After living in northern Illinois for years, retired master plumber Bert Entwistle decided he was ready to travel and see new places.
“I knew we would settle either by the water or the mountains, but it would be someplace we could spend a lot of time outdoors,” he said.
In 1974, his family landed in Colorado Springs and the state remains one of Entwistle’s favorite places. A devoted outdoorsman, he’s hunted and fished throughout the west and spent about two decades as a freelance photographer and journalist.
An amateur historian, he writes a regular history column called “Lookin’ Back” in Working Ranch Magazine. He’s profiled some of the more famous ranches and cowboys in the West.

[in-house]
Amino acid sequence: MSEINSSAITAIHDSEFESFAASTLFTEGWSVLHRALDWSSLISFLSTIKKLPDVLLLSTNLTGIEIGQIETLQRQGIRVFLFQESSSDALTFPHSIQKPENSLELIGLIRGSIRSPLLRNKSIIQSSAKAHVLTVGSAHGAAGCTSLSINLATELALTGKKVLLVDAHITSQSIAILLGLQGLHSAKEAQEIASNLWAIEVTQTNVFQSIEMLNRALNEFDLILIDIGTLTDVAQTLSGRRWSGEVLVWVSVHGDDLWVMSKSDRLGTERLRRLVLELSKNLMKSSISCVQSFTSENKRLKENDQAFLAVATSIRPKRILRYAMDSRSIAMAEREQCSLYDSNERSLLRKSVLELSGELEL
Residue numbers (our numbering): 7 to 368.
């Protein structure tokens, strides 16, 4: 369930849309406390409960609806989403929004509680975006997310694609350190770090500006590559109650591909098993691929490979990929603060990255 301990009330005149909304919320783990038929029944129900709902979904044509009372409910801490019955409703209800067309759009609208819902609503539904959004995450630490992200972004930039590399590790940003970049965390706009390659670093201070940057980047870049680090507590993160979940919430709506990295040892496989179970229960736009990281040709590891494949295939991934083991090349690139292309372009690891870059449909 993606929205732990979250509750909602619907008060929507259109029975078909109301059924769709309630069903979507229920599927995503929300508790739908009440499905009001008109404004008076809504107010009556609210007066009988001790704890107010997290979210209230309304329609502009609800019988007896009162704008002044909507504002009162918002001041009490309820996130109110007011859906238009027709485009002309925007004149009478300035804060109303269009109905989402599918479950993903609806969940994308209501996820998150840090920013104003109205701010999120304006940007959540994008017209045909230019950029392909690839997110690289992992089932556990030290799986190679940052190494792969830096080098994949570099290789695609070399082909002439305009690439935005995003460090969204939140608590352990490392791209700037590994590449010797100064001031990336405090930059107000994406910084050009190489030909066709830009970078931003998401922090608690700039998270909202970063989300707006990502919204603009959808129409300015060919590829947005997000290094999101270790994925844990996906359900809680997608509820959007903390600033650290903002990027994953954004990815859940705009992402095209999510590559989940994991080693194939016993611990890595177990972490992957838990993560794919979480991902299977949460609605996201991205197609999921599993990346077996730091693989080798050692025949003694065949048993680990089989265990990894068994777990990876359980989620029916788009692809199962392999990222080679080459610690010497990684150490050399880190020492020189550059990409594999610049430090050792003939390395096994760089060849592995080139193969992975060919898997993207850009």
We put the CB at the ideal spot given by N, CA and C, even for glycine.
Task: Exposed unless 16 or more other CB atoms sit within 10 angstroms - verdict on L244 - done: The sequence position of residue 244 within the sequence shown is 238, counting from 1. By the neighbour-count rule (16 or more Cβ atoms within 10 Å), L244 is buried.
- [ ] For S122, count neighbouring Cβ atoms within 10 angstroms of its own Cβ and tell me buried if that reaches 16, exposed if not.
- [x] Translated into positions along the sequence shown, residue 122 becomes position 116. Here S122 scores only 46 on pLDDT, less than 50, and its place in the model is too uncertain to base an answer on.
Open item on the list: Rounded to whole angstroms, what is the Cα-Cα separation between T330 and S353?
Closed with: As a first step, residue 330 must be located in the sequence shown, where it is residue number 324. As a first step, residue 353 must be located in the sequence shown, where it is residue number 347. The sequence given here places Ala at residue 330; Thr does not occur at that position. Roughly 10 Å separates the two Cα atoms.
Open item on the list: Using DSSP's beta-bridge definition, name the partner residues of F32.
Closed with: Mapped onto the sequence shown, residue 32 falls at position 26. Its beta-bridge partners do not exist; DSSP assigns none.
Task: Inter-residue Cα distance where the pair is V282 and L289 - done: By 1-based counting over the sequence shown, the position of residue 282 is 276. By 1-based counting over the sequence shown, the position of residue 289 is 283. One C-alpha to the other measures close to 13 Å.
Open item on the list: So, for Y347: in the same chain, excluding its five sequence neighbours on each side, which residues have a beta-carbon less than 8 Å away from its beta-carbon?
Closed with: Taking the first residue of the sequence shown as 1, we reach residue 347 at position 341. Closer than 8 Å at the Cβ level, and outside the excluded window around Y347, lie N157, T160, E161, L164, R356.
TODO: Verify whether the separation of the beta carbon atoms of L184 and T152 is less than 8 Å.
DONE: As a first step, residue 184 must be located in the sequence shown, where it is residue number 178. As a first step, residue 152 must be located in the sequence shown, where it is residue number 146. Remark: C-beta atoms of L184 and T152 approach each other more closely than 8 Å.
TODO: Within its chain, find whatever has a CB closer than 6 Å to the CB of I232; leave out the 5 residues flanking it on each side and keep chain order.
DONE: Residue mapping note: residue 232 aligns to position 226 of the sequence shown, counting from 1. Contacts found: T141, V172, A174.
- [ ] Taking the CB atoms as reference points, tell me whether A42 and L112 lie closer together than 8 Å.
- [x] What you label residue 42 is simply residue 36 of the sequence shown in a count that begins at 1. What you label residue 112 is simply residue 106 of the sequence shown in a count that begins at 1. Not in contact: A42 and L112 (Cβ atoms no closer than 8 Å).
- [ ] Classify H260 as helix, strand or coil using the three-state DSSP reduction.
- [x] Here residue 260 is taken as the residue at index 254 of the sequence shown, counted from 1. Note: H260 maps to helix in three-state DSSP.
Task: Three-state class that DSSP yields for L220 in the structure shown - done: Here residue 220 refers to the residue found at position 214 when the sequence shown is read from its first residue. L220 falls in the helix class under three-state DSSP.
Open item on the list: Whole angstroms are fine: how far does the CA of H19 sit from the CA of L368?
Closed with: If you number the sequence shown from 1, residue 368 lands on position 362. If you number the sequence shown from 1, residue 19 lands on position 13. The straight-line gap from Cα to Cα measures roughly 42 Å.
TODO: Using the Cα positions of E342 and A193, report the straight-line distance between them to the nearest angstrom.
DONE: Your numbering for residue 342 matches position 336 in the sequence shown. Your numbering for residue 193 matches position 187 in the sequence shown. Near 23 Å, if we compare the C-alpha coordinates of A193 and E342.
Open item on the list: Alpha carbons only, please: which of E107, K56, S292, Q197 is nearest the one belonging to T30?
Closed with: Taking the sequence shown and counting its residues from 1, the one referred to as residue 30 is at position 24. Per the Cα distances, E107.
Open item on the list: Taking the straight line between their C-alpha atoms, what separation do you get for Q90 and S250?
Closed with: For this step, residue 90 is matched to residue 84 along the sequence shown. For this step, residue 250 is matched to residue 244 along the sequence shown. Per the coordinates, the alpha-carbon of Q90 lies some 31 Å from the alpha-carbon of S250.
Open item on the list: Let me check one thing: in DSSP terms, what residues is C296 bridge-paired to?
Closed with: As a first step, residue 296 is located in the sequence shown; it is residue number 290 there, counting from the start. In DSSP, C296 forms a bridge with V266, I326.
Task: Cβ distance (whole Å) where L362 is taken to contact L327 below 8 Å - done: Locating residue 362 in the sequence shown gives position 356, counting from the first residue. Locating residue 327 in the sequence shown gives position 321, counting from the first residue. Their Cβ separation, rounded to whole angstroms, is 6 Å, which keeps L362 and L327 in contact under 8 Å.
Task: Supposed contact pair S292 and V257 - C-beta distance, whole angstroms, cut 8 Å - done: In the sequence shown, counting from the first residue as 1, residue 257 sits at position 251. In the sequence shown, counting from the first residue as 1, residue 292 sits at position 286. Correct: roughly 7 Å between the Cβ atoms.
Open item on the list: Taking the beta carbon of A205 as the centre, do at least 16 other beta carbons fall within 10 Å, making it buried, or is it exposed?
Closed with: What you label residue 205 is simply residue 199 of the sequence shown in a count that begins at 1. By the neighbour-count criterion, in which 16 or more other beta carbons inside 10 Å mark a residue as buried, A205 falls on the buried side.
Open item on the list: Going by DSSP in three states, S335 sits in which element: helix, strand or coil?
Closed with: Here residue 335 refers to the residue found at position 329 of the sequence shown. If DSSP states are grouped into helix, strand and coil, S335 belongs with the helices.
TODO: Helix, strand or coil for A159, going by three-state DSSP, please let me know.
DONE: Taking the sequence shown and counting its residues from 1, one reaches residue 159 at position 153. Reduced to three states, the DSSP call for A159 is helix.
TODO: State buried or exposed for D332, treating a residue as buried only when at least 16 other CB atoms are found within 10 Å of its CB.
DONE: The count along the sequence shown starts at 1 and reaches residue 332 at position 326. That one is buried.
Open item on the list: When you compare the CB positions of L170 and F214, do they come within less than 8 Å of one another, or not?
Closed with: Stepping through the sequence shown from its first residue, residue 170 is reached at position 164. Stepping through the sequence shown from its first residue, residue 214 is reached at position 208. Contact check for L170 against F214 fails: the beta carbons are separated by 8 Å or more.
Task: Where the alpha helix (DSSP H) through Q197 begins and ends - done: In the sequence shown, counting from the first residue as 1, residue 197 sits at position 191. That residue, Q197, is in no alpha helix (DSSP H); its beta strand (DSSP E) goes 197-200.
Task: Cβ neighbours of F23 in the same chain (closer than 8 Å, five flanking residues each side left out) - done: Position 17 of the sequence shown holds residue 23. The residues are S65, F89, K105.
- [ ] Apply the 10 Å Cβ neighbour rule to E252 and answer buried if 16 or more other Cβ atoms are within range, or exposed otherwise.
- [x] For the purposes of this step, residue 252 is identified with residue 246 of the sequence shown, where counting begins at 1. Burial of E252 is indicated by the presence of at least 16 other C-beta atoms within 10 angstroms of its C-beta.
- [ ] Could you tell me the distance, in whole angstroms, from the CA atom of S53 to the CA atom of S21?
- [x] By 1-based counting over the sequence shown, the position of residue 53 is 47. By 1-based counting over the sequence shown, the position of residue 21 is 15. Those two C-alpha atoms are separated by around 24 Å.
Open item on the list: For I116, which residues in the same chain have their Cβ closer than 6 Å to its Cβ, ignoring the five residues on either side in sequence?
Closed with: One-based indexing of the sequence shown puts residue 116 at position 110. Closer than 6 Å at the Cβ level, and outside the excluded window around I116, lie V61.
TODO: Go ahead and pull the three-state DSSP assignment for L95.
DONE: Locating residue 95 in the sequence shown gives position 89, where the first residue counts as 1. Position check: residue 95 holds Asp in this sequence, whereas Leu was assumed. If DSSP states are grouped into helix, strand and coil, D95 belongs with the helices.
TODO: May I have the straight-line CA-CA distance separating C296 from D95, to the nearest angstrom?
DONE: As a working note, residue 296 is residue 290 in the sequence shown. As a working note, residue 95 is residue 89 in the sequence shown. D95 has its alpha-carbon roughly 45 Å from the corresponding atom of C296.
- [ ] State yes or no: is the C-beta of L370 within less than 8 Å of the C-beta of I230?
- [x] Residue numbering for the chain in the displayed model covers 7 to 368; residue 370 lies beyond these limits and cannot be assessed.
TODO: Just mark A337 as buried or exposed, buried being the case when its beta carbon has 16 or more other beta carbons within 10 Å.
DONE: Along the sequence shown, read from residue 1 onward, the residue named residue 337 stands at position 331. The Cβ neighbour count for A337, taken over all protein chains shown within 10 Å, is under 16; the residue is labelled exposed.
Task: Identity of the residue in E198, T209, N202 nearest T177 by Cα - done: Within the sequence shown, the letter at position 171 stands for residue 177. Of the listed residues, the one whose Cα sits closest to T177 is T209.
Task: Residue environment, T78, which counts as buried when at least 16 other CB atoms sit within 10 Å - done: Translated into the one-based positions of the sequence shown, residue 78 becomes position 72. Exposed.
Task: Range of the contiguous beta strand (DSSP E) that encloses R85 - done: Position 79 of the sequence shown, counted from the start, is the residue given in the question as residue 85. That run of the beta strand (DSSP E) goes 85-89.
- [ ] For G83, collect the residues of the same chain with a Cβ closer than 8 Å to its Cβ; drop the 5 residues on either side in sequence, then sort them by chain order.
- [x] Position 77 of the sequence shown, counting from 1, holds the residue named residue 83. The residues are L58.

“I’ve always loved everything about history,” he said.
Cripple Creek has plenty of history to offer. And Entwistle used the Teller County town as a backdrop for his first full-length novel, “The Drift.”
“I have been watching the progress of Cripple Creek for years and developed an idea about the mining shafts and putting a bad guy in one,” Entwistle said.
“The Drift” is an environmental thriller featuring fictional character Jack Bannister and a historical background of the mining town. The book combines a who-done-it mystery with a treasure hunt and surprise ending.
After discovering that writing fiction is a “whole different animal” than journalism, Entwistle is back to work writing a second novel featuring Bannister.